The atlas, available in Chinese and English, consists of the Geologic Atlas of the Lunar Globe and the Map Quadrangles of the Geologic Atlas of the Moon (including explanatory manual). The Geologic Atlas of the Lunar Globe includes the Geologic Map of the Moon, the Lithologic Map of the Moon, and the Tectonic Map of the Moon. The Map Quadrangles feature 30 standard-sized quadrangles.

Since the Apollo program in the 1960s, lunar exploration and scientific research have advanced significantly. However, lunar geological research still relies on maps developed during the Apollo era.

Read more at: Moondaily


How Will EU Space Law Impact US National, Strategic, and Commercial Interests

Earlier this year, the six-month-long Belgian rotating presidency of the Council of the European Union set as its policy priority the creation of a unified strategic space framework encapsulated by EU Space Law (EUSL). The framework aims to systematize existing guidelines and avoid possible legal fragmentation stemming from EU member states’ discrete domestic laws regarding space. At present, there are eleven EU countries with national space laws, which cover a broad spectrum of activities ranging from satellite launches and operations to space debris management and international cooperation agreements.

Read more at: moderndiplomacy

India Enters Troubled Space Insurance Market

Indian insurance specialist Tata AIG is expanding into space as the global market reels from a string of heavy losses.

Tata AIG said May 13 it has started providing satellite in-orbit third-party liability insurance covering bodily injury and property damage, building on the 22-year-old company’s expertise in the aviation market.

Sushant Sarin, president of commercial business at Tata AIG, a joint venture between Indian conglomerate Tata Group and U.S.-based insurance firm American International Group (AIG) with more than 8,750 employees, said it is the first private insurer in India to offer satellite-based coverage.

Read more at: spacenews

The Space Race Desperately Needs to Be Regulated

As humanity’s quest for knowledge and exploration extends beyond the confines of Earth, we stand on the edge of a new era – one where the boundless expanse of space beckons us with promise.

From the historic launch from UK soil to our improved connectivity across the country, we are witnessing the rapid expansion of a vibrant space sector.

Space has always captivated the human imagination, representing the pinnacle of human scientific achievement and the boundless possibilities that lie beyond our atmosphere.

Read more at: oilprice

FAA Reauthorization Bill Includes Short-Term Learning Period Extension

A reauthorization bill for the Federal Aviation Administration passed by Congress will extend current restrictions on the agency’s ability to regulate commercial spaceflight occupant safety through the end of the year.

The House approved H.R. 3935, the bill reauthorizing the agency for five years, on a 387 to 26 vote May 15. The Senate approved the bill on an 88 to 4 vote on May 9.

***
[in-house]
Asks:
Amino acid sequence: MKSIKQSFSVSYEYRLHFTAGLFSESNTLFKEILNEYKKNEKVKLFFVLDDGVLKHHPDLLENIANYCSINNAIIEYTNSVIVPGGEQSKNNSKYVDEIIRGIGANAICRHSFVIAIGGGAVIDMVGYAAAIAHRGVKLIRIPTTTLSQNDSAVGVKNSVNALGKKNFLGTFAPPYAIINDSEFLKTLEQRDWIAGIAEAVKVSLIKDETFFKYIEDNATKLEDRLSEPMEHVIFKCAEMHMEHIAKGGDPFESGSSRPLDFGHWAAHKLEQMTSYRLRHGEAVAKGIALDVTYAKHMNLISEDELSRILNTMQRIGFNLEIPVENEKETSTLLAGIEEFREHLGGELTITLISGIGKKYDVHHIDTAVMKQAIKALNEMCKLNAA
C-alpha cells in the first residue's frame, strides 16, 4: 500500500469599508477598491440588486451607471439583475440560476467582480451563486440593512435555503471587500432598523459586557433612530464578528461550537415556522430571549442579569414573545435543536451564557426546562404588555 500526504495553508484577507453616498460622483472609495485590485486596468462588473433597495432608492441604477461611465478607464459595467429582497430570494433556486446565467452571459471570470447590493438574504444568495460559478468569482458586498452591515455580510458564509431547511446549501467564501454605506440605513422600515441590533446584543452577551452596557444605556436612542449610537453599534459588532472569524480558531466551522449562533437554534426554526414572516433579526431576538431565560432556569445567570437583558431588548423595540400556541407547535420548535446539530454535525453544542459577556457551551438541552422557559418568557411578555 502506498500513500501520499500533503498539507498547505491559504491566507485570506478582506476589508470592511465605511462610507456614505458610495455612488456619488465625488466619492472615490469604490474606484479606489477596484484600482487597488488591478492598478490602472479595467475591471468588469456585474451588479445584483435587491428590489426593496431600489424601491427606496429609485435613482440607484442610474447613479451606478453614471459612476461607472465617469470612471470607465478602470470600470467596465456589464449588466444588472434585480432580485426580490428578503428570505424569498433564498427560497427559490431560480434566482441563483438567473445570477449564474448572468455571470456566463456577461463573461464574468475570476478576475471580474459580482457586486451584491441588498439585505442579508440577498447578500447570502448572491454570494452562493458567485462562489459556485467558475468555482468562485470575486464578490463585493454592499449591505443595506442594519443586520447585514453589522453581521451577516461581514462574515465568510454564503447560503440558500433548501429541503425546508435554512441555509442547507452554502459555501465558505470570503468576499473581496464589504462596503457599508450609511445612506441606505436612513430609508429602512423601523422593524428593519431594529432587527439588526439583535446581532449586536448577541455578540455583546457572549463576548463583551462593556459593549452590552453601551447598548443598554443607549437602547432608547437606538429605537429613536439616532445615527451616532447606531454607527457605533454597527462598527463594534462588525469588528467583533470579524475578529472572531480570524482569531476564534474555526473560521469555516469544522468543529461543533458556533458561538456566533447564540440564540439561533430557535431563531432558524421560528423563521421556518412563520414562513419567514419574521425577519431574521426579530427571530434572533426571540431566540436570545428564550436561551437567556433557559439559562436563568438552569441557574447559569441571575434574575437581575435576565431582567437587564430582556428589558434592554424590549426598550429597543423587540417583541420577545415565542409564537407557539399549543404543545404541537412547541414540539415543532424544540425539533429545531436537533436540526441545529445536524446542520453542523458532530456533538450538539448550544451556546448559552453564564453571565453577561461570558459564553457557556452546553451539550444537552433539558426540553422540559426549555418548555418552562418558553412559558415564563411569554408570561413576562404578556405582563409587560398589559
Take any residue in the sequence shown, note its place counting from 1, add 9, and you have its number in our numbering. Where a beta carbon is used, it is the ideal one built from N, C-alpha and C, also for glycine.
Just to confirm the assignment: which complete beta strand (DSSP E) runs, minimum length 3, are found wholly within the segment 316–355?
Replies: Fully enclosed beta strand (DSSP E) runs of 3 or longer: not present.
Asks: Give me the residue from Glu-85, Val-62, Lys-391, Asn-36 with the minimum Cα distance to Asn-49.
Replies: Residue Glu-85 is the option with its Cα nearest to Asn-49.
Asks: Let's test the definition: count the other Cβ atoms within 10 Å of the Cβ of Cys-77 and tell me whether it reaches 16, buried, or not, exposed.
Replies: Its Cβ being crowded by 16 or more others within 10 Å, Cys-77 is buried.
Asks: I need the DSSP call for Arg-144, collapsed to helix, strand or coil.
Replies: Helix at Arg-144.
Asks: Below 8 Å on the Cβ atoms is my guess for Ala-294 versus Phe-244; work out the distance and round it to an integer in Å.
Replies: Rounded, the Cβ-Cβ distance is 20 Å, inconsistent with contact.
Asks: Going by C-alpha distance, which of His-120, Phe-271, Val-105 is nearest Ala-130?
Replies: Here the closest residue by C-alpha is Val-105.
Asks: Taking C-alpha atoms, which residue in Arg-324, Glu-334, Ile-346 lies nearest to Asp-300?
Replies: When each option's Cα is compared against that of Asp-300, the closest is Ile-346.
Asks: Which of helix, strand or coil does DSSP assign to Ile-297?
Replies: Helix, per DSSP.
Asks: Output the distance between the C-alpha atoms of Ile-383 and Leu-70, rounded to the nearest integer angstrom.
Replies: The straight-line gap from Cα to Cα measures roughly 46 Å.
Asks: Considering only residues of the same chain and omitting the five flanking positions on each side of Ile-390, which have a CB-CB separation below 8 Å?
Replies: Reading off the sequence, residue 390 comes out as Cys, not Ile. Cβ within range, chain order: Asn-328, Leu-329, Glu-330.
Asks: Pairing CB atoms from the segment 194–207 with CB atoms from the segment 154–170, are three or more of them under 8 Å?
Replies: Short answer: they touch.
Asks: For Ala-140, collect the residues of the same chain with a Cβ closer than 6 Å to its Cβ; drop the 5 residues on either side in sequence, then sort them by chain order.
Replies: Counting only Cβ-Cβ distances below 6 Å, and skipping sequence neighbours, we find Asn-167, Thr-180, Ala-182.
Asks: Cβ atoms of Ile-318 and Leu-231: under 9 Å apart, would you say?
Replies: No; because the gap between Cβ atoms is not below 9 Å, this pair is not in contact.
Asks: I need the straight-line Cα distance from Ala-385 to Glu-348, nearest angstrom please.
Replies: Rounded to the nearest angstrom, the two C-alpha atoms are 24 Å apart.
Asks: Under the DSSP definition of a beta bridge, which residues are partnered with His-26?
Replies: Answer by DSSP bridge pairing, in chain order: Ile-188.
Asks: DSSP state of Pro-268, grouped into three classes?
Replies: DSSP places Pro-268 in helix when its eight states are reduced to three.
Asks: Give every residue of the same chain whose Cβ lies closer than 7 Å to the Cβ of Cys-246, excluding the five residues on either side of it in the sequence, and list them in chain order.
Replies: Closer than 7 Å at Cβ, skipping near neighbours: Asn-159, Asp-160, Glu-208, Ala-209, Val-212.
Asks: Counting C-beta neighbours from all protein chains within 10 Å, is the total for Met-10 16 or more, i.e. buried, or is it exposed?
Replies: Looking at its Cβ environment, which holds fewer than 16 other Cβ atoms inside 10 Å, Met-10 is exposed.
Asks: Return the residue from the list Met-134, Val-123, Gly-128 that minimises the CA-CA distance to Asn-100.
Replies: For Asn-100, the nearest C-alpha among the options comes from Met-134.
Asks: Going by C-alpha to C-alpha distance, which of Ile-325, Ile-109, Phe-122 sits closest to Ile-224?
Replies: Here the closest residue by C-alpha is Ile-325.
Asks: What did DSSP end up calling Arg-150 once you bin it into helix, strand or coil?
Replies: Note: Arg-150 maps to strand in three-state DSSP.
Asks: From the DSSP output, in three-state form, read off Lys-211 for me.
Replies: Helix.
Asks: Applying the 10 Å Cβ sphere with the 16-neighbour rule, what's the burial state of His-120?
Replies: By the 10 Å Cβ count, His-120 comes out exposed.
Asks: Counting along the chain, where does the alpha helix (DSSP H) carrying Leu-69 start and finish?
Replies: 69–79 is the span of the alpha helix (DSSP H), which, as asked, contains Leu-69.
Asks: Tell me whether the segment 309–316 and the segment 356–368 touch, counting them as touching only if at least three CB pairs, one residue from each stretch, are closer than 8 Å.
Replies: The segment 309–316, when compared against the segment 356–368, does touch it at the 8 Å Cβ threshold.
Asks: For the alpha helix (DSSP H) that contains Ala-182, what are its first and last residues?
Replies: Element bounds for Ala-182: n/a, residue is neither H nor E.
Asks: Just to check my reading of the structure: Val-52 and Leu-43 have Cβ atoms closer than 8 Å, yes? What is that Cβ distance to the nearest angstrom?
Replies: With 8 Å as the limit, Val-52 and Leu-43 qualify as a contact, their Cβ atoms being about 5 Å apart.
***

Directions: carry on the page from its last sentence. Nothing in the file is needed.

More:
The bill primarily covers the FAA’s aviation operations, but does include a few provisions related to spaceflight.

Read more at: spacenews

Lithuania Becomes 40th Nation To Join NASA’s Artemis Accords

Lithuania has become the 40th nation to sign NASA’s Artemis Accords, a pact that defines the peaceful exploration of space.

Aušrinė Armonaitė, Lithuania’s minister of economy and innovation, signed the accords Wednesday at the Radisson Blu Lietuva hotel in the capital Vilnius, with U.S. Ambassador Kara McDonald in attendance.

“Welcome to the Artemis Accords family, Lithuania,” NASA Administrator Bill Nelson said in a statement. “Our nations are strong partners — and now we expand this partnership to the cosmos.”

Read more at: UPI


China Says ‘Multiple Espionage Cases’ Have Been Uncovered In Space Sector

China’s top intelligence agency on Friday said it had cracked down on “multiple” espionage cases in the space sector in recent years, amid an ongoing national security drive.
The Ministry of State Security said in a post on its WeChat account that it had “uncovered multiple espionage cases in the aerospace sector, exposing the despicable acts of certain countries’ intelligence agencies attempting to infiltrate and steal secrets.

Read more at: scmp

Pentagon Wants Commercial ‘Space Reserve’ To Support Military Satellites In Orbit

The United States Department of Defense is developing a plan to use the ever-growing American commercial space industry for national security purposes.The plan, known as the Commercial Augmentation Space Reserve, or CASR, would allow the U.S. Space Force to use the capabilities of the commercial space sector through “pre-negotiated contractual agreements which would be activated in times of crisis or conflict,” according to the service’s “Commercial Space Strategy” document, which was released in April 2024.

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Space Tech Firm Xona Secures $19M for Enhanced Satellite Navigation Network

Xona, a developer of a new satellite network, has announced the successful closure of a $19 million Series A funding round, led by Future Ventures and Seraphim Space, with contributions from NGP Capital, Industrious Ventures, Murata Electronics, Space Capital, and Aloniq.